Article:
‘$601m airlines’ revenue blocked in 17 African countries’

By Kelvin Osa-Okunbor


The International Air Transport Association (IATA) has expressed worry over the trapping of $601 million airlines’revenue blocked in 17 African countries since the onset of COVID -19 over a year ago.

Blocked funds are owed to airlines that could not be repatriated to their country in routes they fly to.

According to the global airlines’ regulator the inability of these countries: Algeria, Angola, Benin,Burundi, Central African Republic, Eritrea, Ethiopia, Equatorial Guinea, Malawi, Mozambique, Nigeria, Sudan, Gabon, Cameroon, Chad, Congo and Zimbabwe  to repatriate the large sum is creating unease for the carriers  struggling  for survival.

The global regulator has therefore urged governments in Africa to take  steps in escalating priorities in areas not limited to: continued financial relief and the release of committed aid and blocked funds, safe reopening of

borders and planning for the safe restart of aviation business.

Besides, the steps to be taken by the governments, IATA said eight airlines in Africa were in dire financial straits as some have filed for bankruptcy or entered business administration over the 12 past months notwithstanding the $2.4 billion secured as government aid last year.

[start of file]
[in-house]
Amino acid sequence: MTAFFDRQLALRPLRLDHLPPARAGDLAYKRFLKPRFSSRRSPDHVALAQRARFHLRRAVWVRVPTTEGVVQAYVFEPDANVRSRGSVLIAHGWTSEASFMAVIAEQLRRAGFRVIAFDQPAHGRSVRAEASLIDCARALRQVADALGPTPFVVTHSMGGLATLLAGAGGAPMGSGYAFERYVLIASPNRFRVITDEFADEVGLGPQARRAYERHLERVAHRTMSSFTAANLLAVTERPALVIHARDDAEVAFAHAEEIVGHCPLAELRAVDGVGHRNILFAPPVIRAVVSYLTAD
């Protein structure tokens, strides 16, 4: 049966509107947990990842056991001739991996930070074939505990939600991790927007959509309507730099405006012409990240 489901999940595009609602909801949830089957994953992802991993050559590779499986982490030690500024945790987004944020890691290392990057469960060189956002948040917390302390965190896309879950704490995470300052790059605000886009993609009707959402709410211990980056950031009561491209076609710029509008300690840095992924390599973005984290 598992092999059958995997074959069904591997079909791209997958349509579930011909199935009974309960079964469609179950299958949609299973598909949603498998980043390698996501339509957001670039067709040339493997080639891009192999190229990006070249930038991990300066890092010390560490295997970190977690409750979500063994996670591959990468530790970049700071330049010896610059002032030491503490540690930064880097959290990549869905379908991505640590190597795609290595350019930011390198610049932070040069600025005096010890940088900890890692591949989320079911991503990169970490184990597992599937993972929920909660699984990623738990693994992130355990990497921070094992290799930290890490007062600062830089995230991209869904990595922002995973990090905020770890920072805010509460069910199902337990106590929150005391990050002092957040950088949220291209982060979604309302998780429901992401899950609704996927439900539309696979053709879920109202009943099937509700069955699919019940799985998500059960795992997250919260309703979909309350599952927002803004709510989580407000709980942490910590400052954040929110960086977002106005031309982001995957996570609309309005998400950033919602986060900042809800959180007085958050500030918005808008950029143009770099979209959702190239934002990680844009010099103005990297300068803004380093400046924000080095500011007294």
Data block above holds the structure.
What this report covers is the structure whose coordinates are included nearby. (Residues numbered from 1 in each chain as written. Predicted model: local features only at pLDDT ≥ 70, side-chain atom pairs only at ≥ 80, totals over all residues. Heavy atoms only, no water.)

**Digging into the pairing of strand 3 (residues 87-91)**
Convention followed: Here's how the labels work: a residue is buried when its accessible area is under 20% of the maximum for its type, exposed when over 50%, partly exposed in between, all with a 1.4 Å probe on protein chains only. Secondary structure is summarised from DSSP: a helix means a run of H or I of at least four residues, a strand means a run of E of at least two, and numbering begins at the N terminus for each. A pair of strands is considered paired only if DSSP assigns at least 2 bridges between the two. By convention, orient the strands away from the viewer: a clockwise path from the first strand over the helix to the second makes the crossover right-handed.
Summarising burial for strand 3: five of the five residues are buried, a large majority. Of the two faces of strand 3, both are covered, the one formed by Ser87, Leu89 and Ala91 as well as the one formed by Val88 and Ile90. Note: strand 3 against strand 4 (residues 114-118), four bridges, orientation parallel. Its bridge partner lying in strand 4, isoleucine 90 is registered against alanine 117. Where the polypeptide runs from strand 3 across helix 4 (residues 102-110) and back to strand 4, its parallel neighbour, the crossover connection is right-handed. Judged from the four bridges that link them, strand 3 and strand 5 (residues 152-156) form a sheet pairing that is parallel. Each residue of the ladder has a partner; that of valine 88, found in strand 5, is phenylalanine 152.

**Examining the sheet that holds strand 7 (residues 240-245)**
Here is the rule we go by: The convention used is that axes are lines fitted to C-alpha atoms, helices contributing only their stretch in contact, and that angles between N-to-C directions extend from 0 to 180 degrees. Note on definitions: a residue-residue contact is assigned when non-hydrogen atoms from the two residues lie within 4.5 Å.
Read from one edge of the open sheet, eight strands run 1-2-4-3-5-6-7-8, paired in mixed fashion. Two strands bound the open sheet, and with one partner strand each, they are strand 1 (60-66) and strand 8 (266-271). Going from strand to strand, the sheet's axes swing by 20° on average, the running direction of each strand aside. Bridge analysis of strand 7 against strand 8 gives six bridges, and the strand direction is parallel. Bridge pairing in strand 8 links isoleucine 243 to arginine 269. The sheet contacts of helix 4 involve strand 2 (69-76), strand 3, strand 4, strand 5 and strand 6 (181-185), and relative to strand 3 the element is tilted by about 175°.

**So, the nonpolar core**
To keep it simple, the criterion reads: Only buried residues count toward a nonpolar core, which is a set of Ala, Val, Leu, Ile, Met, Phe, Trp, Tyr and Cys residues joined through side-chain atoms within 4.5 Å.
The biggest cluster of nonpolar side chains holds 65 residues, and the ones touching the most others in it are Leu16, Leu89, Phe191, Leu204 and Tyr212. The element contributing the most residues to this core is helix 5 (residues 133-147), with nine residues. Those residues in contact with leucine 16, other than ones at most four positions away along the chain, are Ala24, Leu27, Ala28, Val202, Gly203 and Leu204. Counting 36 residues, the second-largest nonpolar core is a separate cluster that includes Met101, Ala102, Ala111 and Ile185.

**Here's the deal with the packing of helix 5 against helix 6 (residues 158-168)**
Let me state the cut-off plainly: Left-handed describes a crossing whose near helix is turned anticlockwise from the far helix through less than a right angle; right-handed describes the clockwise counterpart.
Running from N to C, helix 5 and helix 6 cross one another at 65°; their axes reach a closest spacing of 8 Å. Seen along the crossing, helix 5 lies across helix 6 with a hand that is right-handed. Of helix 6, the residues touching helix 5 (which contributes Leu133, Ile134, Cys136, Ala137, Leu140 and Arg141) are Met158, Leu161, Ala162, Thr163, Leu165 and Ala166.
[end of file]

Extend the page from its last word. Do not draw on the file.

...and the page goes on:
According to the global airlines’ regulator, most of the $2.2 billion was distributed through direct government loans , equity financing and cash injection.

Investigations have shown that over $30 billion pledged for air transport and tourism in Africa by International finance agencies and other institutions, including the African Development Bank (AfDB), African Export Import Bank, African Union and the International Monetary Fund (IMF), is however,  yet to reach the airlines and other aviation stakeholders in need.


Speaking in an interview, IATA’s  Regional Vice President Africa and the Middle East,  Kamil Al Awadhi said : “African airlines posted a combined  loss  of $2 billion in 2020….

Read further.

6 things to do in Oudtshoorn that don’t involve ostriches

from Emirates cabin crew to honey business